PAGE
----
Death Penalty Should Die


By Todd A. Smith

          His name was George Stinney, Jr. and he was only 14 years old.  At only 95 pounds, he was convicted of murdering two White girls who had gone missing in the Black side of town in Alcolu, S.C. 

Stinney had admitted to seeing the girls earlier that day in 1944, and that was enough to send him to the electric chair.  To date, he is still the youngest U.S. citizen ever executed for a crime.

            The Stinney execution and the recent execution of Troy Davis, despite a lack of physical evidence and witnesses changing their story is the reason we should abolish the death penalty in this country.  In 1991, Davis was convicted of murdering police officer Mark MacPhail.  Claiming innocence for 20 years, Davis’ defense attorneys were able to avoid his execution many times, but were unsuccessful in their last bid, despite an international outcry to free Davis and abolish the death penalty.

            “The incident that night was not my fault, I did not have a gun,” Davis explained to the victim’s family.  He went on to say that he was “sorry for your loss, but I did not personally kill your son, father and brother.  I am innocent.”

            Cries of innocence are not rare for convicted murderers facing execution, in fact they have become too commonplace.  From witnesses recanting their stories, to flawed DNA at crimes labs like the one in Houston, many innocent people are having their lives ended in one way or another by human flaws, which is a prime reason to abolish the death penalty.

            The execution of Davis coincidentally occurred on the same day as the execution of Lawrence Russell Brewer, who was convicted of the gruesome 1998 dragging murder of James Byrd in Jasper, Texas.  Brewer went to his death with no remorse for his killing, even claiming he would do it again.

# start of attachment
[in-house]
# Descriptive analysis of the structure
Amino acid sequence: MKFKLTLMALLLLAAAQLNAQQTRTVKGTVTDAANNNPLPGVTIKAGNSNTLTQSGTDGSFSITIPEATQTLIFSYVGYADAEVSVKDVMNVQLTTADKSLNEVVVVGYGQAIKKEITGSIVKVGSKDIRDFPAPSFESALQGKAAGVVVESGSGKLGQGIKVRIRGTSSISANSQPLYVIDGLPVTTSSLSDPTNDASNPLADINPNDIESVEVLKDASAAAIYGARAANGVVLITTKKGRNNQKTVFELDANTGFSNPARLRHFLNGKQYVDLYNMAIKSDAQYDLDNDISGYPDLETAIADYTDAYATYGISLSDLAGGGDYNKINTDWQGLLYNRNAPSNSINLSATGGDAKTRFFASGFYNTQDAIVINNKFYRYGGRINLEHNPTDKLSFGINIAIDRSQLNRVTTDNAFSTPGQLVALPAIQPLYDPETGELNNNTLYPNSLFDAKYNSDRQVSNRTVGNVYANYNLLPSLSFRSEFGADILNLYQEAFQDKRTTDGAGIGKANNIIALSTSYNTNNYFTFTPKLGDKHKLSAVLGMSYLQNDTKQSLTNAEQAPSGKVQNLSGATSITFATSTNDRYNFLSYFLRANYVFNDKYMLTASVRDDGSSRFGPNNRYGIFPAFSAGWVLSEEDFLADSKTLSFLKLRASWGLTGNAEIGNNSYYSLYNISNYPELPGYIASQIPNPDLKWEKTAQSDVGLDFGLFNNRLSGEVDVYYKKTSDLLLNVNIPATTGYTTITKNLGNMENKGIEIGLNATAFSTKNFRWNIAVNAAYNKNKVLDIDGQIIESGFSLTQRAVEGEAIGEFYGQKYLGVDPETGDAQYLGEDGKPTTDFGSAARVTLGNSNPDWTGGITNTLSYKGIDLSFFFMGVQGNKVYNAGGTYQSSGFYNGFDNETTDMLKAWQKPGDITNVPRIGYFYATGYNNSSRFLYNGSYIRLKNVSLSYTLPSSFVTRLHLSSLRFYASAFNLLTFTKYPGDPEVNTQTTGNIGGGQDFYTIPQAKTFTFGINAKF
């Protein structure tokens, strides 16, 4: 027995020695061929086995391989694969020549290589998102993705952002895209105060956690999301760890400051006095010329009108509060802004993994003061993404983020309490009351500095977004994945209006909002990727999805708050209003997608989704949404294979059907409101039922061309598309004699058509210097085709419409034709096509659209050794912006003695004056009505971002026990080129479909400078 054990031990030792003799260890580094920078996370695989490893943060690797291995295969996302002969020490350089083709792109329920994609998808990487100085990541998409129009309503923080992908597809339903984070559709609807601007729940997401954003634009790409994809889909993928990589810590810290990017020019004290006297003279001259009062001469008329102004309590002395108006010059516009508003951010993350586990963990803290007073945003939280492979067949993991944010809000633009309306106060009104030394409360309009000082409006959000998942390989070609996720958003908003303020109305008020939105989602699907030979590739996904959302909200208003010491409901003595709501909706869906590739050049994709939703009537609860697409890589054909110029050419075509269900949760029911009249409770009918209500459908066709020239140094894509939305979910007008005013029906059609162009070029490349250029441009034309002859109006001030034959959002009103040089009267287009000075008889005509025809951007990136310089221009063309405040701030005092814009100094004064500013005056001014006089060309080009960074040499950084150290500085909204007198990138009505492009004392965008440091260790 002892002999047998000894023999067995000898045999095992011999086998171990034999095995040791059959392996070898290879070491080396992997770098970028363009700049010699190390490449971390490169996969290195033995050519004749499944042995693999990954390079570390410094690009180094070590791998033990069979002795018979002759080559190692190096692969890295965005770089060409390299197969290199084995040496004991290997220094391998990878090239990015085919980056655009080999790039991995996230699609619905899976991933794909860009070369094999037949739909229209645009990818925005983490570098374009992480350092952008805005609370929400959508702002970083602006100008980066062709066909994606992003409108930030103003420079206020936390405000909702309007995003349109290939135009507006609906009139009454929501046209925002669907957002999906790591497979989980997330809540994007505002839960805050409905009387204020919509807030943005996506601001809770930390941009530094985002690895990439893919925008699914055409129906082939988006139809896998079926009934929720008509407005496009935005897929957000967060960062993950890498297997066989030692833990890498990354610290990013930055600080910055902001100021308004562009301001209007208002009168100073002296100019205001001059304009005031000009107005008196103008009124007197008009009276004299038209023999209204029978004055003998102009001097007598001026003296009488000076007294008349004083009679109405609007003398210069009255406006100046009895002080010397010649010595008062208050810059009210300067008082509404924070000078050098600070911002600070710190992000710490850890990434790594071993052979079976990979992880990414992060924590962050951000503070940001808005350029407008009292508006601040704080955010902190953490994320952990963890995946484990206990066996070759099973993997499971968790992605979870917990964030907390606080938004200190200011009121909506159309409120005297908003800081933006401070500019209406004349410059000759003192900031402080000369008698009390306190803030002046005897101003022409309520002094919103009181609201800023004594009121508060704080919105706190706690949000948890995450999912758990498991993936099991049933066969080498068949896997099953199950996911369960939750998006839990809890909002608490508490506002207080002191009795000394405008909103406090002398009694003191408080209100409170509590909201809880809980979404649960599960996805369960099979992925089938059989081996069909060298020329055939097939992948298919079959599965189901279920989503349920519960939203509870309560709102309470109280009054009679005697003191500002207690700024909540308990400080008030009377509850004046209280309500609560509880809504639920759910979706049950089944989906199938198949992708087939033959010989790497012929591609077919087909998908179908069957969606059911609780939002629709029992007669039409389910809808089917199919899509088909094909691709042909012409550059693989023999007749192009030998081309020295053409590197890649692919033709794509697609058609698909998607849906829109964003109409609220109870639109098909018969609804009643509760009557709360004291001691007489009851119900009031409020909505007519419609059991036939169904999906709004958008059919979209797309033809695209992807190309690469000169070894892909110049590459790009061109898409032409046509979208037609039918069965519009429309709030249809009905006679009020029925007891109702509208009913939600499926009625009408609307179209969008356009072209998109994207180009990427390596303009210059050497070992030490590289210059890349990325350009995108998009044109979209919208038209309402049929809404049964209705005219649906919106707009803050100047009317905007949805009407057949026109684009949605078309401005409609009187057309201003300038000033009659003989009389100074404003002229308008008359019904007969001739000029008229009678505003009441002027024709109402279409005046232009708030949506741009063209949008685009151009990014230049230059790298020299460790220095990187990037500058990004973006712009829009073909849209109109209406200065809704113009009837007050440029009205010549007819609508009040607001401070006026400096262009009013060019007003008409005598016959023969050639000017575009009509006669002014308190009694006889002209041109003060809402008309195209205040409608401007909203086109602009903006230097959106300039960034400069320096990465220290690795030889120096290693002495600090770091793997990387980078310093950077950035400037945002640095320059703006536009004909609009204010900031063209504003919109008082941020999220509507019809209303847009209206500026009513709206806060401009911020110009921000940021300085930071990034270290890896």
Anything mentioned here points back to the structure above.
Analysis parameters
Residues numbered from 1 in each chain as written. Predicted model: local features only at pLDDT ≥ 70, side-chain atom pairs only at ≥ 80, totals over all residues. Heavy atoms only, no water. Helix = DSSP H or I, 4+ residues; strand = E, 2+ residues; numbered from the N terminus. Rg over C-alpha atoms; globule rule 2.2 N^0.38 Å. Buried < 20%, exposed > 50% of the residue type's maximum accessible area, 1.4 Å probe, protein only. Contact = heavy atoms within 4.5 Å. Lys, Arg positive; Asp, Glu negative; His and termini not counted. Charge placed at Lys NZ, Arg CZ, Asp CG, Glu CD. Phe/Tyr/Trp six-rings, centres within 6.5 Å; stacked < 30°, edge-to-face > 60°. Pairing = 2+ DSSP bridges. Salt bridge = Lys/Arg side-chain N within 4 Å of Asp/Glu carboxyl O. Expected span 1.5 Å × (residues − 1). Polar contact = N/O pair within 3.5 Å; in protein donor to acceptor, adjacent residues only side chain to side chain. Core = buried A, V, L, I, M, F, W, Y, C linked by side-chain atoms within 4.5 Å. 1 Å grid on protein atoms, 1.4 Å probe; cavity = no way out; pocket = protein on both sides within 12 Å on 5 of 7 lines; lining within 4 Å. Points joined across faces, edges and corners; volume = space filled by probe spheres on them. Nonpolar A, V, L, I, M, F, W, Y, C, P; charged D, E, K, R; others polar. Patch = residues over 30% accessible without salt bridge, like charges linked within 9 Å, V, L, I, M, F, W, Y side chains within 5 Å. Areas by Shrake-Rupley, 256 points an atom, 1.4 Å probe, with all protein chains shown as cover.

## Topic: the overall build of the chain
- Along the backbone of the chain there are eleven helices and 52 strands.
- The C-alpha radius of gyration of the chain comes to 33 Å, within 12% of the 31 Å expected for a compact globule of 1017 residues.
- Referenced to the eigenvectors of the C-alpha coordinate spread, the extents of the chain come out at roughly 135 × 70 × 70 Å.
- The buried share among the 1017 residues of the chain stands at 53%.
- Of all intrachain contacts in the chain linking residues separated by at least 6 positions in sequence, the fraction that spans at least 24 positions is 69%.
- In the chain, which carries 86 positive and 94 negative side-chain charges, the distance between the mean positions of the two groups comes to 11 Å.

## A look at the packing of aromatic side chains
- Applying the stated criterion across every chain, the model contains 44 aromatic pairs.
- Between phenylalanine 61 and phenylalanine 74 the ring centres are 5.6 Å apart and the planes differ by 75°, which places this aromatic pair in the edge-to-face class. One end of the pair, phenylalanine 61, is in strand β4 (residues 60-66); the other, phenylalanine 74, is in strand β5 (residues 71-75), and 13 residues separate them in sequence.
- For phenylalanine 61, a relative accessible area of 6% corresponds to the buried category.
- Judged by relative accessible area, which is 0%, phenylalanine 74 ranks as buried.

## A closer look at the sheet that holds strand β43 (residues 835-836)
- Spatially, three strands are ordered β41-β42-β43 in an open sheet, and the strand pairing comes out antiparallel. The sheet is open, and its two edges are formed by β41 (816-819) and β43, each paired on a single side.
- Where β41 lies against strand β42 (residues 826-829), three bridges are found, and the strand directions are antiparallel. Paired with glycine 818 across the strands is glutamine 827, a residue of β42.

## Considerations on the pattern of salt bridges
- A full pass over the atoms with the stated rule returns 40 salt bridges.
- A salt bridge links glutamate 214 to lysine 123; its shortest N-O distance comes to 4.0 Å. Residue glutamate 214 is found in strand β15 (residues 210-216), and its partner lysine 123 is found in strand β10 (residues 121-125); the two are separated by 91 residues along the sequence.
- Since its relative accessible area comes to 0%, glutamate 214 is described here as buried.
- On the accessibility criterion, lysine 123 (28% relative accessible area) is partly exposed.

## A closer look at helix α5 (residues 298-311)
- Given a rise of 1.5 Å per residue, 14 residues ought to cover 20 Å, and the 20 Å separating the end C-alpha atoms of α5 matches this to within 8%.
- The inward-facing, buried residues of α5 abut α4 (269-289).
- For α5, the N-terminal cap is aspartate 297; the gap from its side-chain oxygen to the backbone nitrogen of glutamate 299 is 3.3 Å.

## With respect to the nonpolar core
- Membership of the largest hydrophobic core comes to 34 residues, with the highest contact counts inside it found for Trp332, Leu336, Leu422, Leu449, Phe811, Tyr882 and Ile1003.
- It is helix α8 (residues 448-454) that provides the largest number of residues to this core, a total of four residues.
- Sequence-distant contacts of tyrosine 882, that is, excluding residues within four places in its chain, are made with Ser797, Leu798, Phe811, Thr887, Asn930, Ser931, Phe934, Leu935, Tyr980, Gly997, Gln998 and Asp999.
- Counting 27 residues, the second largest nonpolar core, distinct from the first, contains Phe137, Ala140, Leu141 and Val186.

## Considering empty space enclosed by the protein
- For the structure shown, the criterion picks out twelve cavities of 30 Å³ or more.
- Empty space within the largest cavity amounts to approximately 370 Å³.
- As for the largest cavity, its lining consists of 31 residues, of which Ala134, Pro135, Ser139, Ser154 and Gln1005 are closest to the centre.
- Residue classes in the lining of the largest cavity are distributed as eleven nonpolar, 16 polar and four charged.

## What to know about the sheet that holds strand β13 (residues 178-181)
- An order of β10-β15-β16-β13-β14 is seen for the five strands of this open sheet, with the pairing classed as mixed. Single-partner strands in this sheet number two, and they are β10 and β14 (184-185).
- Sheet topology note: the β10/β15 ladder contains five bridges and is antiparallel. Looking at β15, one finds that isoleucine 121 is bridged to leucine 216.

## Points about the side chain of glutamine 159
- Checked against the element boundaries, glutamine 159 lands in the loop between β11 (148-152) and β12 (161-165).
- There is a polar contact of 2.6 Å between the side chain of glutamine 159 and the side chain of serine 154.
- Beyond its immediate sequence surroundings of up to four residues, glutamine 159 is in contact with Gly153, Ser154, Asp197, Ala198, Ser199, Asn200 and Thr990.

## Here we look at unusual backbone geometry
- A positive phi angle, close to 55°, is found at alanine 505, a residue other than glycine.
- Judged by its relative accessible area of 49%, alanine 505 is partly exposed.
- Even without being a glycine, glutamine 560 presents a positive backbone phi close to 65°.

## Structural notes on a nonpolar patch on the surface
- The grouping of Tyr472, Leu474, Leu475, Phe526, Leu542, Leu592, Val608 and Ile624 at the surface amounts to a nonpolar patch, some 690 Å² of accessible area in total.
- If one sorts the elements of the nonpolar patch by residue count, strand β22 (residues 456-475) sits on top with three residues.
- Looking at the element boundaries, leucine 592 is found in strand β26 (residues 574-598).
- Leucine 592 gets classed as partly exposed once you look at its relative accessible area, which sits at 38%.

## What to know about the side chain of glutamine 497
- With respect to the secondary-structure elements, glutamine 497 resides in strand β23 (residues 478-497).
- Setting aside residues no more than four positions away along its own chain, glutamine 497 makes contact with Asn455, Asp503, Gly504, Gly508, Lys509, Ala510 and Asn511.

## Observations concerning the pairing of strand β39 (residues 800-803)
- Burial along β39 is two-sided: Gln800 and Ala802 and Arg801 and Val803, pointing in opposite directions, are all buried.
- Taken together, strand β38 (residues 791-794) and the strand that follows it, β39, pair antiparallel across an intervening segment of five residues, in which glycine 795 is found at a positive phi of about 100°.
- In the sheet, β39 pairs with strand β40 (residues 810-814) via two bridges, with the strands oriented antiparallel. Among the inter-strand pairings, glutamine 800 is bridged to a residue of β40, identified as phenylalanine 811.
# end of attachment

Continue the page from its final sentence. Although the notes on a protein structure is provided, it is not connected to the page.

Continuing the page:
Despite unrepentant killers like Brewer, we should still abolish the death penalty because two wrongs do not make a right and whenever human beings are involved, mistakes are usually involved also.  When we execute the wrong person for a crime, the real culprit is still out there putting society in danger and we have unfortunately taken a life that we cannot get back.

            Who lives or dies is God’s decision alone, not ours.  We cannot be a society that condemns violence in some situations, but condones that same violence in other situations.  In my humble opinion, we cannot call ourselves a civilized society until we abolish the death penalty.

            Sixty-seven years ago it was young Stinney who happened to be at the wrong place at the wrong time and was sentenced to death for a crime he probably could not have committed.  And 67 years later, it was Davis who was executed for a crime he might not have committed. 

Living and dying should not be based on hearsay or what we feel at that particular time, because once life is gone, it is gone forever.  For this reason, we should not let Stinney or Davis die in vain.  We should carry on their cause, until we abolish the death penalty throughout this country.

Smith is publisher of Regal Black Men’s Magazine, a publication dedicated to the African American community.

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